- European Union countries are split over the best way
to respond to the threat of a bird flu pandemic.
- The Netherlands yesterday ordered farmers to keep poultry
inside to prevent bird flu spreading into the country.
- However, the UK played down the threat posed to domestic
fowl from migratory birds. The Department for Environment, Food and Rural
Affairs said it was not planning any measures to keep poultry indoors.
- The split will become even more apparent when veterinary
experts from the 25 member states meet on Thursday to discuss the outbreak
of the disease which was discovered in Siberia last month.
- The tough Dutch measures came as Germany was also considering
stepping up efforts to avoid infection by the disease, which can kill humans
and wreck poultry industries. The discovery of the H5N1 virus in Siberia
has triggered concerns that the lethal strain that has killed more than
60 people in south-east Asia could travel across the Urals into Europe,
infecting humans and hitting poultry production.
- While most of its 80m poultry are kept indoors, the Netherlands
is concerned an outbreak among its 5.5m free-range birds could ravage the
rest of the industry.
- Fears of the disease arriving in birds migrating from
Russia are particularly high in the country because it was badly hit by
an outbreak of bird flu in 2003.
- The spread of the virus two years ago among its nearly
2,000 poultry farmers led to the slaughter of 30m animals at a cost of
hundreds of millions of euros.
- "Poultry farmers are very afraid that this strain
will arrive in western Europe. In 2003 many farmers were hit hard by what
happened and it took a lot of time for them to get going again. Nobody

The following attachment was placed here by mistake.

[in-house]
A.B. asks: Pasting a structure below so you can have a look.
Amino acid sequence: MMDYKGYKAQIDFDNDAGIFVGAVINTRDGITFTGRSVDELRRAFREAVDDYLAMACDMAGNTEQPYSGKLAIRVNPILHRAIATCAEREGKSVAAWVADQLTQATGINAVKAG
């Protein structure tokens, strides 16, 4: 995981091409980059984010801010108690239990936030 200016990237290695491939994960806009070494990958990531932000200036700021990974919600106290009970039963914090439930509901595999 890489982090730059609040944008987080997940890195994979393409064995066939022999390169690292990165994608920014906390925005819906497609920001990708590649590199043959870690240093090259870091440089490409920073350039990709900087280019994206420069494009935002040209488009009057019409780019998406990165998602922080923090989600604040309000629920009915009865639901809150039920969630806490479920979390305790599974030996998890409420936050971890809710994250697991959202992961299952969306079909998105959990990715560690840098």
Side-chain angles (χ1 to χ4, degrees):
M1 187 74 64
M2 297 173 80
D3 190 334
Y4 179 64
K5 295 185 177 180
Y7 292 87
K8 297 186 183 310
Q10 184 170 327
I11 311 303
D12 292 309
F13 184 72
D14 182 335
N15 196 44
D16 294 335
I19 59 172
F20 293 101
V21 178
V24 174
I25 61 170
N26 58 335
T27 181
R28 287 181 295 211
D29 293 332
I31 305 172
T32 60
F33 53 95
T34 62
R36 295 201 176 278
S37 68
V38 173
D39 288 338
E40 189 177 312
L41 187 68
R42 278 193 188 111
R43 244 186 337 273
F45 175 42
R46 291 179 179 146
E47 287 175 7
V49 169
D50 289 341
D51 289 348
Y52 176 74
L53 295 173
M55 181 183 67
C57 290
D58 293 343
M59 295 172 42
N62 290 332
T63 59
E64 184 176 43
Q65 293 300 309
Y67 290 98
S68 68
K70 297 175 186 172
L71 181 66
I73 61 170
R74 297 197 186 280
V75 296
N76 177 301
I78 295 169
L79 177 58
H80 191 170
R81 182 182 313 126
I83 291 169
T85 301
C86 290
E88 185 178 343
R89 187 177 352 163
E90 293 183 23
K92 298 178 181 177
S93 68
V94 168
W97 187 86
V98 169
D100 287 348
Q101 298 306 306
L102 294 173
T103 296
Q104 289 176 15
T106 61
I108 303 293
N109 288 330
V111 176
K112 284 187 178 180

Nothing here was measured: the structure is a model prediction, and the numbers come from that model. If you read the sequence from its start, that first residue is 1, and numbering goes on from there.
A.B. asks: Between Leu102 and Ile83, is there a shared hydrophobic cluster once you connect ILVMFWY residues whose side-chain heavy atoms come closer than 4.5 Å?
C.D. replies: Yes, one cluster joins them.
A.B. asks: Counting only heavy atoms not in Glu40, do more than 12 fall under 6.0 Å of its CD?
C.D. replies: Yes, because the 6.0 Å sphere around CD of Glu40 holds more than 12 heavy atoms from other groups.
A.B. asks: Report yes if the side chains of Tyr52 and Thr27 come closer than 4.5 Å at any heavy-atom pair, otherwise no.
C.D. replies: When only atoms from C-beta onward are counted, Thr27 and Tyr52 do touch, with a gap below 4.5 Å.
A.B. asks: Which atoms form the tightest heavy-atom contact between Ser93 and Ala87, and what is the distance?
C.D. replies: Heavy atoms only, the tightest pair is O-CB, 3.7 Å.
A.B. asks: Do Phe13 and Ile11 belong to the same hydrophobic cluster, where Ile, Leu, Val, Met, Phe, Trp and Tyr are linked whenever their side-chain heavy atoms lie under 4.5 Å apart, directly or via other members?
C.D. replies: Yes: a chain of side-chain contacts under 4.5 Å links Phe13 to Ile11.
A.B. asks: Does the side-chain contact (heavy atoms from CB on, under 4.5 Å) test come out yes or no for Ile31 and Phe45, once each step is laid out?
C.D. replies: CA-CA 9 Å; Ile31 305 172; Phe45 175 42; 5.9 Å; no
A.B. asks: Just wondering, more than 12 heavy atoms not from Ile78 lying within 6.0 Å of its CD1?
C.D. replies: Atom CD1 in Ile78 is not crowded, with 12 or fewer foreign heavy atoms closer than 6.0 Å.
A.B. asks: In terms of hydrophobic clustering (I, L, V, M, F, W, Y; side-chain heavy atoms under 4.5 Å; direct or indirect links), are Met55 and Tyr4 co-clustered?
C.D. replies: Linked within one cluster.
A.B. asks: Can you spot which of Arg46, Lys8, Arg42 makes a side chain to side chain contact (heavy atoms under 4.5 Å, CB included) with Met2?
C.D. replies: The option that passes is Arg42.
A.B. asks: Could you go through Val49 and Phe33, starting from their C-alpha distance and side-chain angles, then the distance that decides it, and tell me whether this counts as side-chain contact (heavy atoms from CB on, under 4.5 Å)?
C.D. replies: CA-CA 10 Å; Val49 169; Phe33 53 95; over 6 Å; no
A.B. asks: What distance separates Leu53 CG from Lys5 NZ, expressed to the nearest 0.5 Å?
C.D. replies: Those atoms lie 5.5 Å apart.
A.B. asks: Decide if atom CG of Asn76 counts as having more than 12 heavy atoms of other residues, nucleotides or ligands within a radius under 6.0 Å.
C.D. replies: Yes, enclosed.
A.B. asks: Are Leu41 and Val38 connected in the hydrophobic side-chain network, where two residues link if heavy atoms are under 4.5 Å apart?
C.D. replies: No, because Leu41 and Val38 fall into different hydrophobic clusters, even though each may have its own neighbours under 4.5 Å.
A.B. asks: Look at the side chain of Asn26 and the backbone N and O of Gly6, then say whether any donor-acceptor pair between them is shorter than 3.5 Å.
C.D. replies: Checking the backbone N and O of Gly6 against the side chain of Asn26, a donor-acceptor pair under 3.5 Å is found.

wants this to happen ever again," said Klass Johan Osinga, of the
LTO Dutch farmers' union.
- The Netherlands last year exported almost ¤500m
worth of eggs, making it the seventh largest producer among the EU's then
15 countries. In 2003 it produced nearly 600,000 tonnes of poultry meat.
- Dutch farmers will continue to label the produce from
the 5.5m birds as free range and organic until told otherwise by the European
Commission, Mr Osinga said, as they would still have organic feed and appropriate
- The Dutch moves are the toughest yet imposed in the EU's
25 member states since Russian authorities confirmed the H5N1 strain of
bird flu, potentially lethal to humans, in six regions.
- Russia warned that the disease could spread to Europe
and the Middle East, as migratory birds moved into warmer areas before
winter after nesting in Siberia.
- Germany may bring forward a proposed order to keep flocks
of poultry in cages to further reduce the risk of the spread of bird flu,
as politicians yesterday dragged the issue into the campaign for its general
election on September 18.
- Poultry industry representatives also called for the
order to be introduced earlier than planned, but farmers using free-range
poultry were more cautious. Thomas Dosch, chair of the Bioland association
of ecological farmers said that "exceptions are needed from the order",
such as allowing birds to use open-air pens covered by netting.